Once you’re all set-up, the Sanyo PLV-Z60 augments ease of set-up with a wonderful assortment of user menu options that allow you to tailor virtually anything as it relates to your image. There are a total of seven user menus which are as follows: Image, Image adj., Picture adj., Screen, Input, Setting, and Information. The Image menu offers up a staggering seven image presets that include Brilliant cinema (factory default), Creative cinema, Pure Cinema, Natural, Living, Dynamic, Vivid, and four separate User image options. The Image adj. menu is where you can tweak your image until your blue in the face with a wide ranging list of options for Brightness, Contrast, Color, Tint, Color temp. which offers you High, Mid, Low1, Low2, and Low3, Sharpness, and white balance for Red, Green, and Blue. Additionally, you also have lamp control that ranges from Normal, Auto1, Auto2, and Eco, as well as options to control your Gamma and Lens iris.

If all of that wasn’t enough, there’s even an Advanced menu section here that lets you adjust the Lamp iris, a Color management section to control the level, phase, and gamma of any color, as well as individual gain, offset, and gamma control for red, green, and blue. The Picture adj. and Screen menus allow you various control options as to how your image is displayed with respect to positioning, aspect ratio, and overscan. The Input and Setting menus are self-explanatory, offering all of the input connection options, keystone, projection methods, language, menu position, and the option to enable the Advanced menu section in the Image adj. menu. Not sure why it was designed as such, as it could prove to be confusing to the average user, but all in all, Sanyo had definitely gone above and beyond to create a thorough and comprehensive array of menu options. The final menu is Information which is solely used to view and display all of the current and active settings you're using with your projector.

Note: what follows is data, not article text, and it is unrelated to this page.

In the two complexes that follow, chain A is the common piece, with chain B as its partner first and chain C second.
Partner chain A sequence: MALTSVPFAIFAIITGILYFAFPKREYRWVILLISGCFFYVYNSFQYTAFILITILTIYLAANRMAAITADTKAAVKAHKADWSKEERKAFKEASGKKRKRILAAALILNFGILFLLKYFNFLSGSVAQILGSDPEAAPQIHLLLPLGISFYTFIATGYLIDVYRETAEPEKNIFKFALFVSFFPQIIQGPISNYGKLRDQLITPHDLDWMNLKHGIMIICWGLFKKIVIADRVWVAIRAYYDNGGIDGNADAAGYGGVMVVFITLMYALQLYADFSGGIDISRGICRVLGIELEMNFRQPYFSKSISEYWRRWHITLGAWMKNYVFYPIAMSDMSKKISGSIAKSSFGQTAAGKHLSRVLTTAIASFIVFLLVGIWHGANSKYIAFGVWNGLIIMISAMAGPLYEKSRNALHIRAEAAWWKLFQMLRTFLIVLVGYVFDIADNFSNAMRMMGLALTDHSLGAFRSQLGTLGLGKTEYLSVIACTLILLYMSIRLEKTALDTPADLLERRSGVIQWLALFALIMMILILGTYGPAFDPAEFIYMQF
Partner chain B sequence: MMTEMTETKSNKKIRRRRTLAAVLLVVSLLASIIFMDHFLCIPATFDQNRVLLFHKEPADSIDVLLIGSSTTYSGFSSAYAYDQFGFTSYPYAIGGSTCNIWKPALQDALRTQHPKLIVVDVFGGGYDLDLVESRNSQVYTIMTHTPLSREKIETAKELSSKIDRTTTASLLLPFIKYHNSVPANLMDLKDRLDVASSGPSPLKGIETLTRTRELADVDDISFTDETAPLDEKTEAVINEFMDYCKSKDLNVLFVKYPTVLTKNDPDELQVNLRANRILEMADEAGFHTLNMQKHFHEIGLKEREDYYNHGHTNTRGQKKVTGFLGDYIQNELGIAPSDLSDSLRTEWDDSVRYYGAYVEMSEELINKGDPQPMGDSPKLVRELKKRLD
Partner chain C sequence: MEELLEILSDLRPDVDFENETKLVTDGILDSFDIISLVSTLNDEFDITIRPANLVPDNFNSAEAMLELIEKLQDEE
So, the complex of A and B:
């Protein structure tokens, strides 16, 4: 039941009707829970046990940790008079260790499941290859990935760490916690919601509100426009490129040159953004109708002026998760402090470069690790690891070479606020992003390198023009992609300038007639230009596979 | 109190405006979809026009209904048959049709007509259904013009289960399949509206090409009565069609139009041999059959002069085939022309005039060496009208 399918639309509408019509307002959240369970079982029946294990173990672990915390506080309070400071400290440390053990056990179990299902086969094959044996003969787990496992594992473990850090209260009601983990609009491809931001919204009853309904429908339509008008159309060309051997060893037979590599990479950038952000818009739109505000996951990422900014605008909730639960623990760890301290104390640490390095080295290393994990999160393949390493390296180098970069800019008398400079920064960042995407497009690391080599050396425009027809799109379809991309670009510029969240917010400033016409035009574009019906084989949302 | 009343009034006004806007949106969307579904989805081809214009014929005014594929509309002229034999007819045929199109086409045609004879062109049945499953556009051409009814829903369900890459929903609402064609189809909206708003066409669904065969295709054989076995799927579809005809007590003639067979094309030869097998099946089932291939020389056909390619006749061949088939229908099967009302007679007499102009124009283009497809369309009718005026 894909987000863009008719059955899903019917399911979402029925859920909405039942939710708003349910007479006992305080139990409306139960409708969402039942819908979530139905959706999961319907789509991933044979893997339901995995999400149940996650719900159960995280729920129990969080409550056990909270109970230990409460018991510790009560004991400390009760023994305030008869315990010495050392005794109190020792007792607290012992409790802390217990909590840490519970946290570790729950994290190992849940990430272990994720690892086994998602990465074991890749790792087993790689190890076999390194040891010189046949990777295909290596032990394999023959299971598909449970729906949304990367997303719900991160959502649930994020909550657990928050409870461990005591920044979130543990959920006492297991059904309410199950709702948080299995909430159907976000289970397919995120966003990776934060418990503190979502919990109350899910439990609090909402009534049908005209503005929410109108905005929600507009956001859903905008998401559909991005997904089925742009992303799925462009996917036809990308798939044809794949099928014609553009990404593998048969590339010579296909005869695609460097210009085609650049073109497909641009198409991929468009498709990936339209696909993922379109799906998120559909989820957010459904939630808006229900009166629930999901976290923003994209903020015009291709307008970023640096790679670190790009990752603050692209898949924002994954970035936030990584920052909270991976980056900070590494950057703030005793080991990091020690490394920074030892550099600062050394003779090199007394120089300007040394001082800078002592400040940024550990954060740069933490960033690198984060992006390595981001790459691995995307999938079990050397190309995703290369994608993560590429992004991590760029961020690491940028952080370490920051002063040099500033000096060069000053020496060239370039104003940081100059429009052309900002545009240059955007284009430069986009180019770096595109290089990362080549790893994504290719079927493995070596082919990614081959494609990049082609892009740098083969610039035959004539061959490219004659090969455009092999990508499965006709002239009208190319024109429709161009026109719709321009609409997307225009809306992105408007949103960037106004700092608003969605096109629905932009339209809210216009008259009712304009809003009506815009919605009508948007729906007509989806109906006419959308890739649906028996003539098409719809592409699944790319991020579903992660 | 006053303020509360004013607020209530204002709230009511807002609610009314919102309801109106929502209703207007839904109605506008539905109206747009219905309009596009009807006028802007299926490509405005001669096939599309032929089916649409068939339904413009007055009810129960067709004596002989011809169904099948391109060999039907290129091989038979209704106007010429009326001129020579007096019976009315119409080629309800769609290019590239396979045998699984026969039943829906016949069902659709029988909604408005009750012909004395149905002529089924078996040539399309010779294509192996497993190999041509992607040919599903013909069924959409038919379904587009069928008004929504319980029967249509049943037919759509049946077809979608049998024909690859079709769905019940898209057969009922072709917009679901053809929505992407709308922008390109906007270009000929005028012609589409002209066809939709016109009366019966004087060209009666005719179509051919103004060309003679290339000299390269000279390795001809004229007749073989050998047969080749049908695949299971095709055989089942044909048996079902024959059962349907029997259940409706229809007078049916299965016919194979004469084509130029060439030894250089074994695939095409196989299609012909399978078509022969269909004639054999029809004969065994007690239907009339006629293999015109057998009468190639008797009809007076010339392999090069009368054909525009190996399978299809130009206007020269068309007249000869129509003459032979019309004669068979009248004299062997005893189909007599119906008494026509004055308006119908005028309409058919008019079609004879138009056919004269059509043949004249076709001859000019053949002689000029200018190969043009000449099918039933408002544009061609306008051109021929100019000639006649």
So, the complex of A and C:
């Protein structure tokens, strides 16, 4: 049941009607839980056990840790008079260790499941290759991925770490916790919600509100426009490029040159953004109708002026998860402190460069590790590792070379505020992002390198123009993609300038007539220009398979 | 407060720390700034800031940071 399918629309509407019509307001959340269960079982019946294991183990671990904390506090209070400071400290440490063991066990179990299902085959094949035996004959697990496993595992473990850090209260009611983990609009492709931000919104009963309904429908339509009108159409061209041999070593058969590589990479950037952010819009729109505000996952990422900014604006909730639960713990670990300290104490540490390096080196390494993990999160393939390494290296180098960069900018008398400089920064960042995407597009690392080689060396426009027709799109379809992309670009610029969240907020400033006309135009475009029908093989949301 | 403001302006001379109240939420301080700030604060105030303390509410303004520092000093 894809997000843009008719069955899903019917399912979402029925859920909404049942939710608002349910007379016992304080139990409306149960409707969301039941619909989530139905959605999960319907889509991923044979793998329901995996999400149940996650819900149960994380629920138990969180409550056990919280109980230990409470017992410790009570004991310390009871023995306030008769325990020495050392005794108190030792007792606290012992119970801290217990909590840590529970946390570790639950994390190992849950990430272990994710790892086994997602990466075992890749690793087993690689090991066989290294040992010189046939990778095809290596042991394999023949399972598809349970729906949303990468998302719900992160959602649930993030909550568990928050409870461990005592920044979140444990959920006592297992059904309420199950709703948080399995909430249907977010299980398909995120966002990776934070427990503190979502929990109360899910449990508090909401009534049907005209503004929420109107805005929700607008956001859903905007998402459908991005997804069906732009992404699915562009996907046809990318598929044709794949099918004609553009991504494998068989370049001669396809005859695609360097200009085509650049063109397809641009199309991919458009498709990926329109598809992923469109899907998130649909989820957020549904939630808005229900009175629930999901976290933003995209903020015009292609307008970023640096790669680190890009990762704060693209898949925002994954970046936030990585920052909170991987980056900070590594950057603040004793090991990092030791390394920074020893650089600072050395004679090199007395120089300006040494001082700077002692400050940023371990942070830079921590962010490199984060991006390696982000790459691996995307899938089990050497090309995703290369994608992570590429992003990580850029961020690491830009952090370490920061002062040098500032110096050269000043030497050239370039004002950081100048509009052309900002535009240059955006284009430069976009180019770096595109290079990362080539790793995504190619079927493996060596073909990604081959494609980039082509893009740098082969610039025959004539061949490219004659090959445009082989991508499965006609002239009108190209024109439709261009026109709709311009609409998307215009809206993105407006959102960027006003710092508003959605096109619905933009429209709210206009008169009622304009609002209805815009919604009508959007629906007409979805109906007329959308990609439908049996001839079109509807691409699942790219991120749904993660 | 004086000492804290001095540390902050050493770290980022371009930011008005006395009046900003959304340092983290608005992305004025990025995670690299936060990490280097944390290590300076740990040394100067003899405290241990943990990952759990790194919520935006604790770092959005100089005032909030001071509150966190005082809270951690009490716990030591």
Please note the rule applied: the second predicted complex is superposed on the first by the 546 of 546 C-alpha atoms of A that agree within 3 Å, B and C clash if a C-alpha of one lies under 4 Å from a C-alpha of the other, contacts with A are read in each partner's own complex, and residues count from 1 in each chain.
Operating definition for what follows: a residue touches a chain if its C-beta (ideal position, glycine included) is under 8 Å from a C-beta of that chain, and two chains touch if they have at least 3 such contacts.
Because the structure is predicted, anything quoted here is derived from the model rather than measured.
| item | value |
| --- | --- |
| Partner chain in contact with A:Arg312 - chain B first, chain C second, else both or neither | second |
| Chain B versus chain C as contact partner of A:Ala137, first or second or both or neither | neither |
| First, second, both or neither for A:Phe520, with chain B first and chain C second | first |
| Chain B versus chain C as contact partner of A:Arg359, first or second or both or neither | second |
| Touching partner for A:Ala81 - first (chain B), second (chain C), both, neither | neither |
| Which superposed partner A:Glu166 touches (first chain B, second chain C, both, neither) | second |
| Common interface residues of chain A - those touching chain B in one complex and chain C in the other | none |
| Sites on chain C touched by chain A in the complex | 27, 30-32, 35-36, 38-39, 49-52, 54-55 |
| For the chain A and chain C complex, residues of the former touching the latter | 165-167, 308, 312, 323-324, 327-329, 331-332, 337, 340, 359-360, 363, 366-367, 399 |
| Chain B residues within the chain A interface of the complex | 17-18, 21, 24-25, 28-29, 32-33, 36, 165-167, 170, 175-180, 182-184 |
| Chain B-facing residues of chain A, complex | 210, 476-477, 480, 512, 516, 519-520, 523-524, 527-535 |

Sanyo PLV-Z60 LCD Home Theater Projector Image Menu Display Sanyo PLV-Z60 LCD Home Theater Projector Image Adjust Menu Display

From an accessories standpoint, the Sanyo PLV-Z60 comes with the bare essentials, offering you the power cord, CD and hardcopy user manual, remote control with batteries, as well as bonus item that, at first glance, appears to be a turkey baster, but which is, in fact, a plastic and rubberized device which allows you to blow dust out of any of the internal openings of the projector which can be prone to dust build-up.

Sanyo PLV-Z60 LCD Home Theater Projector Dust Cleaner

Out-Of-Box Picture